Have you experienced social media fatigue? Do you have any other tips for avoiding social media burn out?


What’s Brewing at Starbucks?

Screenshot of Digital Tipping feature

Screenshot of Digital Tipping feature

Starbucks is set to release an improved mobile app for iPhones tomorrow, March 19th.  The new app will give customers a more streamlined design with easier access to their account and rewards information.  (The app can be downloaded from iTunes here.)

Adam Brotman, the chief digital officer for Starbucks, stated that “With more than 11 percent of transactions a week now happening with a mobile device in our stores, and nearly 10 million customers currently using our mobile app, we’re thrilled to make the digital experience even easier and more rewarding for our customers and partners.” 

Brotman went on to say that “This update to the Starbucks App for iPhone is an important next step in digital innovation at Starbucks and one of the many ways we’ll expand and improve our digital experience in the months to come.”

According to Starbucks, the following features will be available to customers:

  • Mobile payment
  • Digital tipping
  • Shake to Pay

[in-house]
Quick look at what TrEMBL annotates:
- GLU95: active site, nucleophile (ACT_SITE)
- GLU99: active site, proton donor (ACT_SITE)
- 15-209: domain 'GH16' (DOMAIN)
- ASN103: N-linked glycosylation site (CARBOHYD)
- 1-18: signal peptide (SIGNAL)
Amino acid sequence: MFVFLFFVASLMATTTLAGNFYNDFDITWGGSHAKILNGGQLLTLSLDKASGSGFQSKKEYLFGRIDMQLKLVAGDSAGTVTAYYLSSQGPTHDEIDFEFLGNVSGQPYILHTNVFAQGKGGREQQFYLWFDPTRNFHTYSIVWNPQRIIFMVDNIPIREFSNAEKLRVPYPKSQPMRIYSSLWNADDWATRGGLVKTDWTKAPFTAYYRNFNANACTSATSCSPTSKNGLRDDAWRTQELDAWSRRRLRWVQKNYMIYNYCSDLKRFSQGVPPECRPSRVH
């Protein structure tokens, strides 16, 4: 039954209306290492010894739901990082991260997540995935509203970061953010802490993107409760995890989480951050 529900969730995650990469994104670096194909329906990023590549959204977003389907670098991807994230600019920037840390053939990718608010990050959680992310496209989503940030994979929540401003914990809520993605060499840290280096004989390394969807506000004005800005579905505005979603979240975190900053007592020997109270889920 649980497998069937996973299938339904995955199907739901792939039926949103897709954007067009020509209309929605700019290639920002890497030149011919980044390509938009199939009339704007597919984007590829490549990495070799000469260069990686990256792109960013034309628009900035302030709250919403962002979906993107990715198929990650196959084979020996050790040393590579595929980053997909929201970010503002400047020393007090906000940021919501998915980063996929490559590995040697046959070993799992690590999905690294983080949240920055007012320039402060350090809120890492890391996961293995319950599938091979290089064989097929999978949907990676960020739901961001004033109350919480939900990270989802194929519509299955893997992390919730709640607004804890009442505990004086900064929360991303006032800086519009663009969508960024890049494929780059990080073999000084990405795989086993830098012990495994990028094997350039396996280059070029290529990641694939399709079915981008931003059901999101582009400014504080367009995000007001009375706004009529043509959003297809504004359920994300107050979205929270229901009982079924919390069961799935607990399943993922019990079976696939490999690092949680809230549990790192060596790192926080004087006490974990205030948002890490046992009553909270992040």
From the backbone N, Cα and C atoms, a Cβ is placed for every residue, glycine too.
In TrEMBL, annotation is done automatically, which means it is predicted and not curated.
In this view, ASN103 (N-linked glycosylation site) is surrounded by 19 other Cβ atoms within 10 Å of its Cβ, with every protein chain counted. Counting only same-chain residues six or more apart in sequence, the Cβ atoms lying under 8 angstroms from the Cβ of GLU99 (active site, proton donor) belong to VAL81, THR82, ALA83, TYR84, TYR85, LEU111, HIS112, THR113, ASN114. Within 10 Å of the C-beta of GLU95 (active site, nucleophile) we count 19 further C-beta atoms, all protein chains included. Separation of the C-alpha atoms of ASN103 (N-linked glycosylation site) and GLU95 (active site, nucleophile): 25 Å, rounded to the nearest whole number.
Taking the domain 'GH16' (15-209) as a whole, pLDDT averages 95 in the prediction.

• My Starbucks Rewards status
  • Starbucks Card reload
  • Store Locator
  • Starbucks Card eGift

The original mobile app included many of these features, but Shake to Pay and Digital Tipping are new. 

Digital Tipping will allow customers to “show their appreciation to store partners by tipping through the Starbucks App for iPhone.  Customers are given the option to provide a tip in the following denominations: $0.50, $1.00, $2.00.” 

Shake to Pay will simplify mobile payments and will enable customers to “bring the barcode of their Starbucks Card front and center at any time, simply by shaking their mobile device.”

I’m a loyal Starbucks customer and I’m looking forward to checking out the new app. 

What are your thoughts on Starbucks’ new app?  Any suggestions on other features that should have been added?